Photosynthesis Research

, 98:199 | Cite as

Quantum efficiency distributions of photo-induced side-pathway donor oxidation at cryogenic temperature in photosystem II

  • Joseph L. Hughes
  • A. William Rutherford
  • Miwa Sugiura
  • Elmars Krausz
Regular Paper


We monitored illuminated-minus-dark absorption difference spectra in the range of 450–1100 nm induced by continuous illumination at 8 K of photosystem II (PSII) core complexes from Thermosynechococcus elongatus. The photo-induced oxidation of the side-path donors Cytb559, β-carotene and chlorophyll Z, as well as the concomitant stable (t 1/2 > 1 s) reduction of the first plastoquinone electron acceptor, QA (monitored by the well-known ‘C550’ shift), were quantified as a function of the absorbed photons per PSII. The QA photo-induced reduction data can be described by three distinct quantum efficiency distributions: (i) a very high efficiency of ~0.5–1, (ii) a middle efficiency with a very large range of ~0.014–0.2, and (iii) a low efficiency of ~0.002. Each of the observed side-path donors exhibited similar quantum efficiency distributions, which supports a branched pathway model for side-path oxidation where β-carotene is the immediate electron donor to the photo-oxidized chlorophyll (P680+). The yields of the observed side-path donors account quantitatively for the wide middle efficiency range of photo-induced QA reduction, but not for the PSII fractions that exhibit the highest and lowest efficiencies. The high-efficiency component may be due to TyrZ oxidation. A donor that does not exhibit an identified absorption in the visible-near-IR region is mainly responsible for the lowest efficiency component.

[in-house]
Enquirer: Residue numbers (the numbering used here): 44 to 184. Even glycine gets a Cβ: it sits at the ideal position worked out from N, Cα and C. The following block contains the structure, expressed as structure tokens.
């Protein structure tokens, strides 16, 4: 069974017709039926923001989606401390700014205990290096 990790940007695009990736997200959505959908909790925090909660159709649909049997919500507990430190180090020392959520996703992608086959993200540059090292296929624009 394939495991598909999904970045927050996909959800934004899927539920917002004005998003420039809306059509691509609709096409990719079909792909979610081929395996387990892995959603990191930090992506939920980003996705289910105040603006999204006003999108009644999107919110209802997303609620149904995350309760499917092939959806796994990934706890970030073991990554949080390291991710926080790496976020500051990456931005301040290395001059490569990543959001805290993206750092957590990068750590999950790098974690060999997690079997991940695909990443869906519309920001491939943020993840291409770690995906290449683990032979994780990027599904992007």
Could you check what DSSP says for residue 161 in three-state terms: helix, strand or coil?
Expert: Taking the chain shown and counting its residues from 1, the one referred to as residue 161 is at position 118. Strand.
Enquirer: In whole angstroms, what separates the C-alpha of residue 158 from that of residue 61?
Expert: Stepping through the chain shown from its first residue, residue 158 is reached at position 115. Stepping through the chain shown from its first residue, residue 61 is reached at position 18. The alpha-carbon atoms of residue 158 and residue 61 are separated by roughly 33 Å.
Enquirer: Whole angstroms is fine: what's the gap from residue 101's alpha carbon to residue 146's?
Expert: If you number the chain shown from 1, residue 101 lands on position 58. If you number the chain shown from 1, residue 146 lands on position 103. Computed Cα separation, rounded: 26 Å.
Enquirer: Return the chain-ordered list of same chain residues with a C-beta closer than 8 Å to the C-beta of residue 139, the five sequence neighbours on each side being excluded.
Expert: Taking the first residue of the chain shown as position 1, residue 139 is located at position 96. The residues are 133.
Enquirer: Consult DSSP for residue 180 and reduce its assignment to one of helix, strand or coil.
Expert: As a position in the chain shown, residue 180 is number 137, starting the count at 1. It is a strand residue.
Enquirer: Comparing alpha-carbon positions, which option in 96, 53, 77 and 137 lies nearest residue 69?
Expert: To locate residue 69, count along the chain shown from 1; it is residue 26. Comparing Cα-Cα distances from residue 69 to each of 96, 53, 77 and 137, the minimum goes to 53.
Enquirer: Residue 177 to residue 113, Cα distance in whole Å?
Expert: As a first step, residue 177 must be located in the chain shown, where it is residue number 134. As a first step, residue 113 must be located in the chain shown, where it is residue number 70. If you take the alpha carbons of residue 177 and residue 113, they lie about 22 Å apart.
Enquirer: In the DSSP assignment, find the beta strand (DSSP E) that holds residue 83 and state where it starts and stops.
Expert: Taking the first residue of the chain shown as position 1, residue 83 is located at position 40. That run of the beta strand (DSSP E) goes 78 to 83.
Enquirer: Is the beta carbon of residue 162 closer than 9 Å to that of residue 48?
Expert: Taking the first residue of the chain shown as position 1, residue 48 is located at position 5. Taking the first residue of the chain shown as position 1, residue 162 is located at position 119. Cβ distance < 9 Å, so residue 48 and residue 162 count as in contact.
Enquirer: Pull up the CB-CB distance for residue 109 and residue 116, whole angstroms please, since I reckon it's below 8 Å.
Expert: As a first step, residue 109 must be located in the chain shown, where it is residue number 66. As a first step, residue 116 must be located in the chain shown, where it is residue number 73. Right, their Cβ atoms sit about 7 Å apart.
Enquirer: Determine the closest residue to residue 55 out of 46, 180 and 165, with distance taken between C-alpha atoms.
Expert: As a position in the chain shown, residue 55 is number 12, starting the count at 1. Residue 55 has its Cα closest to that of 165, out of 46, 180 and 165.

Photosystem II Side-path donor Secondary donor Quantum efficiency 



Redox active β-carotene


Side-path redox active Chl




The cytochrome b559 subunit of photosystem II

D1 and D2

Reaction center core proteins


Full width at half maximum


Primary electron donor in photosystem II


Photosystem II

QA and QB

Primary and secondary plastoquinone electron acceptors



T. elongatus

Thermosynechoccocus elongatus


Redox active tyrosine bound to the D1 protein



Alain Boussac is gratefully acknowledged for providing some of the T. elongatus PSII core complexes used in this work. Ronald Steffen is also gratefully acknowledged for his significant efforts in configuring the CCD-based spectrograph used in this work. This work was supported in part by a joint French-Australian Science and Technology (FAST) Programme (Australian DEST grant number FR07001), and the European Union through the Sixth Framework Programme SOLAR-H NEST STRP network and the Seventh Framework Programme SOLAR-H2 project number 212508. A.W. Rutherford also acknowledges support from the Research School of Chemistry, Australian National University, during his Craig Visiting Professorship


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Copyright information

© Springer Science+Business Media B.V. 2008

Authors and Affiliations

  • Joseph L. Hughes
    • 1
    • 2
  • A. William Rutherford
    • 1
    • 2
  • Miwa Sugiura
    • 3
  • Elmars Krausz
    • 1
  1. 1.Research School of ChemistryThe Australian National UniversityCanberraAustralia
  2. 2.iBiTec-S, CNRS URA 2096Gif-sur-YvetteFrance
  3. 3.Cell-Free Science and Technology Research CenterEhime UniversityMatsuyamaJapan

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